With most new rappers concentrating on flyness, quirkiness and self-conscious attempts to be different, it seems that New Orleans' Jay Electronica has the intelligent thug lane all to himself. Part Chuck D, part Nas, part Dilla and all certified OG, Electronica has been making noise for a minute but Exhibit A is the starkest testament to the man's potential yet. Flowing relentlessly about the struggle, Jay name-drops Obama, Kurt Cobain, FEMA, Judas, Nat and Harriet the Candyman and Jesus Christ without ever coming off as a punch line rapper. Instead he uses these references to paint a bleak picture of the hood and to big himself up as the man who'll lead it into righteousness. Meanwhile, Just Blaze found time to drop a brooding piano-n-synth based banger in between Numa-Numa sessions. Easily the most threatening beat he's dropped since his Rocafella days, the darkness splits the difference between Havoc and Lil Jon perfectly with some choice movie quotes added for good effect. Without flooding the market like some of his contemporaries, Jay Electronica is primed for a banner year in 2009, assuming he puts an album out. Let's hope.–Sach O
3. Nas-“Queens Get the Money”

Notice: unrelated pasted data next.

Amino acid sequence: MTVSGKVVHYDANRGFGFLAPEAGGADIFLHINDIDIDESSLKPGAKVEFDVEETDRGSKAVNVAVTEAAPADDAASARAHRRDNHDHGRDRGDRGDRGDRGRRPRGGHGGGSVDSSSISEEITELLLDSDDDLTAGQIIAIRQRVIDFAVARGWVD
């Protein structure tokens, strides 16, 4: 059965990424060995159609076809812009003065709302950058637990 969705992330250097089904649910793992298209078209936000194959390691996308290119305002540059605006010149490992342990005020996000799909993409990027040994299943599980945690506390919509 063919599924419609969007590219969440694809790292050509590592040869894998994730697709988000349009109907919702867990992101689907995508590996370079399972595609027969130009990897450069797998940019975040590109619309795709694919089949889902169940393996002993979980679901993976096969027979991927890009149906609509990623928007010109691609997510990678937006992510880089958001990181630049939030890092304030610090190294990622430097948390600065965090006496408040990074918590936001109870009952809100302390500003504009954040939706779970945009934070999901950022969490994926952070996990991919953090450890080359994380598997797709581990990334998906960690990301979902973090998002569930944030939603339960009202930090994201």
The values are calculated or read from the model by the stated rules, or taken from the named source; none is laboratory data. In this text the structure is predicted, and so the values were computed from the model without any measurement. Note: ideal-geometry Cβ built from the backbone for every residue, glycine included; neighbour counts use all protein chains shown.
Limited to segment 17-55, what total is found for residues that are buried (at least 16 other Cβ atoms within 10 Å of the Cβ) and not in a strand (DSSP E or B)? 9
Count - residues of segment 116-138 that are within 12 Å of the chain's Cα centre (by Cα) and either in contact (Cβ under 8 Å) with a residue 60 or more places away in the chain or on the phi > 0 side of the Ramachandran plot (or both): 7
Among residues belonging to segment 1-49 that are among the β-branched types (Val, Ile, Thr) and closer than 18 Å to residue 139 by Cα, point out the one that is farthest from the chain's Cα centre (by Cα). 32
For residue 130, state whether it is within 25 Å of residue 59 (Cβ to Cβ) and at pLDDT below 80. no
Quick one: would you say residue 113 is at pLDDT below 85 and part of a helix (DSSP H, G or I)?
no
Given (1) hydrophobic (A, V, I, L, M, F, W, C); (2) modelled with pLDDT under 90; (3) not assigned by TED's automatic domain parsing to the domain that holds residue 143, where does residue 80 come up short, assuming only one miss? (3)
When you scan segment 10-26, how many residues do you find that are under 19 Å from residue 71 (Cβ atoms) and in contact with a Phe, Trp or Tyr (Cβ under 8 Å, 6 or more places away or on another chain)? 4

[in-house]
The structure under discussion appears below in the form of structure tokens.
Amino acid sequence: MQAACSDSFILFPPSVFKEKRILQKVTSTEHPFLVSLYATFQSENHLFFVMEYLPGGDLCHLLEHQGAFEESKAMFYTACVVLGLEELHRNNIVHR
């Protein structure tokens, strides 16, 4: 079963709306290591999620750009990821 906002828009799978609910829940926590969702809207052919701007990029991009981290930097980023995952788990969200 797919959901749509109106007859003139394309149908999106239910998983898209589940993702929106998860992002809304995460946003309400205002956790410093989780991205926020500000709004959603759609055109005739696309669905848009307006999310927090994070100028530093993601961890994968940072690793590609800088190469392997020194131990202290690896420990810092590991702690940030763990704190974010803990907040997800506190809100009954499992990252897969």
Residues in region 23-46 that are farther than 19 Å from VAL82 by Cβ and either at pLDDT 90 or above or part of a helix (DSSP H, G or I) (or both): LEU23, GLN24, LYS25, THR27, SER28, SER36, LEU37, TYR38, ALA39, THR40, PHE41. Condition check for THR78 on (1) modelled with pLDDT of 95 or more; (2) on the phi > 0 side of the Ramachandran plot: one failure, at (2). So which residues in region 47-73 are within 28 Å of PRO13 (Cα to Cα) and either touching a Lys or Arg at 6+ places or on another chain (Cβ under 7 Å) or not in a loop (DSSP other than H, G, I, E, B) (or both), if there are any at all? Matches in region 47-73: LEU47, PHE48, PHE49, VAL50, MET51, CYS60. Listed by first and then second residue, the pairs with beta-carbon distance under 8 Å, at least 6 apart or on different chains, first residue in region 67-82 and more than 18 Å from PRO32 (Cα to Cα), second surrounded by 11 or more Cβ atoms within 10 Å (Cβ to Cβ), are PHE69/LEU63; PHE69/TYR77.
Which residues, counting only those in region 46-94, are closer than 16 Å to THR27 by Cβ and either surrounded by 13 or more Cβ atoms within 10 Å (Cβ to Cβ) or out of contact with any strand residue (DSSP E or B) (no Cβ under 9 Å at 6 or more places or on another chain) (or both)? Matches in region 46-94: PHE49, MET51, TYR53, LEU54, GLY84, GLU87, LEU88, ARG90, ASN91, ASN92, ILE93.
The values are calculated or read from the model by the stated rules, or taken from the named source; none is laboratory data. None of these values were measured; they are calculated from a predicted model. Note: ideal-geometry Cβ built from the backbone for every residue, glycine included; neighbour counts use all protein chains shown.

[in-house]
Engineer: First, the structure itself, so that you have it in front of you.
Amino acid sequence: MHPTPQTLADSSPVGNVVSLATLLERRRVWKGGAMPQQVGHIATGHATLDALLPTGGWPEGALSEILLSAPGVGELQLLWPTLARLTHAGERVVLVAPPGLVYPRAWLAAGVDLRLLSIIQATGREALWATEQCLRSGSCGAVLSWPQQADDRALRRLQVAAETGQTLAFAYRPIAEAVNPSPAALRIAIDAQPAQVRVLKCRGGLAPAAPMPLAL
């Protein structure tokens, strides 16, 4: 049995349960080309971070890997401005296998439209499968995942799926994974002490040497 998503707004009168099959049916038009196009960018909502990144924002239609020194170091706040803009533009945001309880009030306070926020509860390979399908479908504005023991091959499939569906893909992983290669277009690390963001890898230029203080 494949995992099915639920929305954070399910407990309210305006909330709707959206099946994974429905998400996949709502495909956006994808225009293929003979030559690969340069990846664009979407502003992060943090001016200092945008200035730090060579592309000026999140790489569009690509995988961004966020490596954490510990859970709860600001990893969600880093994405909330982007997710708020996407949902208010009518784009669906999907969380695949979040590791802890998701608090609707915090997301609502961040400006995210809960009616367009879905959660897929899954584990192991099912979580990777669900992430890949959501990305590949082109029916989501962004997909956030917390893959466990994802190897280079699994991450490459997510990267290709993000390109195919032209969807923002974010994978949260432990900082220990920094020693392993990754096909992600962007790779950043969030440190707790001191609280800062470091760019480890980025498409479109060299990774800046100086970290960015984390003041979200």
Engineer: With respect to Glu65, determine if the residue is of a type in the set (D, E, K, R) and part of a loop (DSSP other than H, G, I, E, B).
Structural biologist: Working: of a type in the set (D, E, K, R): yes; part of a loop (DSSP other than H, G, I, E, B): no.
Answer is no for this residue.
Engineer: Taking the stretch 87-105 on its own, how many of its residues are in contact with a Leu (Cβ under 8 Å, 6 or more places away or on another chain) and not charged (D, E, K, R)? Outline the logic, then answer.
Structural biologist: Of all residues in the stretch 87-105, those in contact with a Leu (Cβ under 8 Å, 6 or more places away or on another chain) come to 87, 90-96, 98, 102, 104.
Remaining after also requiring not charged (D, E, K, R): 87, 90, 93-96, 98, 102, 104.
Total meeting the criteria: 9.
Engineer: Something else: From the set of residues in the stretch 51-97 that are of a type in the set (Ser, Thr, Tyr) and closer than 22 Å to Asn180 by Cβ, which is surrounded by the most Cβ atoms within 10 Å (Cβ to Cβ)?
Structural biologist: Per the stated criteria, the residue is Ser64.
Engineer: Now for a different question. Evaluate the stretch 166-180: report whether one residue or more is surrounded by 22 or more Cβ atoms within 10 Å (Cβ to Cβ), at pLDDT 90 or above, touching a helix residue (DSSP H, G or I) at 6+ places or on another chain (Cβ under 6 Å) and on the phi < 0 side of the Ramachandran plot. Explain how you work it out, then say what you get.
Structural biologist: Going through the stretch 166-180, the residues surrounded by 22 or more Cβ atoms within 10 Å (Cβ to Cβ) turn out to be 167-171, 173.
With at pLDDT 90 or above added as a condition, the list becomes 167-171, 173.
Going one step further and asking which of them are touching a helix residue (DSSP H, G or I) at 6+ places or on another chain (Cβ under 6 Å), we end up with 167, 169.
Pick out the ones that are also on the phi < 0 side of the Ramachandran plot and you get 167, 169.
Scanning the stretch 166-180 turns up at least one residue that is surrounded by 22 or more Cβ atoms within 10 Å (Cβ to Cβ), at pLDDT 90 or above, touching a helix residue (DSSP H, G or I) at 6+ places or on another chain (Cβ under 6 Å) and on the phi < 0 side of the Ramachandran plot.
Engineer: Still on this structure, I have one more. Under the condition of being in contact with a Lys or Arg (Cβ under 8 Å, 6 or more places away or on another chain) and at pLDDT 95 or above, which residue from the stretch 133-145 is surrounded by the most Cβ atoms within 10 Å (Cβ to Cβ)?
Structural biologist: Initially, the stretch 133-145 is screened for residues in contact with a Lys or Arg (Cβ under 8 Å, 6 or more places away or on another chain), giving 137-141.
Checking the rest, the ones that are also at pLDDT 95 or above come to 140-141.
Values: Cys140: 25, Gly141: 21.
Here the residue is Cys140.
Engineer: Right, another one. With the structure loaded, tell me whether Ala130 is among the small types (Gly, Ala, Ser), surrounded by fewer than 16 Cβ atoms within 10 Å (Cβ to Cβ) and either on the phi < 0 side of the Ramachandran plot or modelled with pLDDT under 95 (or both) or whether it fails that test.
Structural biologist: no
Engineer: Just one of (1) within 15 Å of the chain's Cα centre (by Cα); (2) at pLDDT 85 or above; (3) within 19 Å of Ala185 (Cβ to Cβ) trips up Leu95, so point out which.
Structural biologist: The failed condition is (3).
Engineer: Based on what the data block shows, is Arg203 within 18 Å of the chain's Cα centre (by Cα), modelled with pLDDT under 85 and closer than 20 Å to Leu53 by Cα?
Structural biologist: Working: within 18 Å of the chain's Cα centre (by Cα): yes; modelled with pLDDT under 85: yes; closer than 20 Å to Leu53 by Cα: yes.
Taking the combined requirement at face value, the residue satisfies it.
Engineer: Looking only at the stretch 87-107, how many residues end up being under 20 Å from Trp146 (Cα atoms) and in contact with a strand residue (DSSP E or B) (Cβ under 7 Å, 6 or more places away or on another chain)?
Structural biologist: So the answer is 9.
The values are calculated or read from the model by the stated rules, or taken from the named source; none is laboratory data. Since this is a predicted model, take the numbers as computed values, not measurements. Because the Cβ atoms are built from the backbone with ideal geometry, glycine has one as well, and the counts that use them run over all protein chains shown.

Jay Electronica is exactly the kind of producer Nas should be working with and “Queens Get the Money” is the exactly the kind of song Nas should be making at this juncture of his career. Dan Bejar-like self-references to past glories abound (“Needed time alone to zone/ The mack left his iPhone and his nine at home”), the slightly off-kilter pianos and look-Ma-no-drums! production from his spiritual apprentice bring out something instinctual from God's Son, something primal, both in the fierce precision of his single extended verse and the way it sounds like a one-take miracle. Nas has always been adept with religious imagery, and here he once again brands himself a messiah sent to banish “false prophets” from the rap landscape. “Queens Get the Money” is “N.Y. State of Mind.” updated for the times–the only thing it's missing is its own Illmatic.—Renato Pagnani
You have to wonder at this point what form of twisted, unholy alchemy keeps two souls as widely different as Antwan Patton and Andre Benjamin making such brilliant music together almost fourteen years after their debut album. It's totally and completely inexplicable that the two men who made songs as different as “Kryptonite” and “Prototype” on their own could mind-meld and make songs as perfect “Royal Flush.”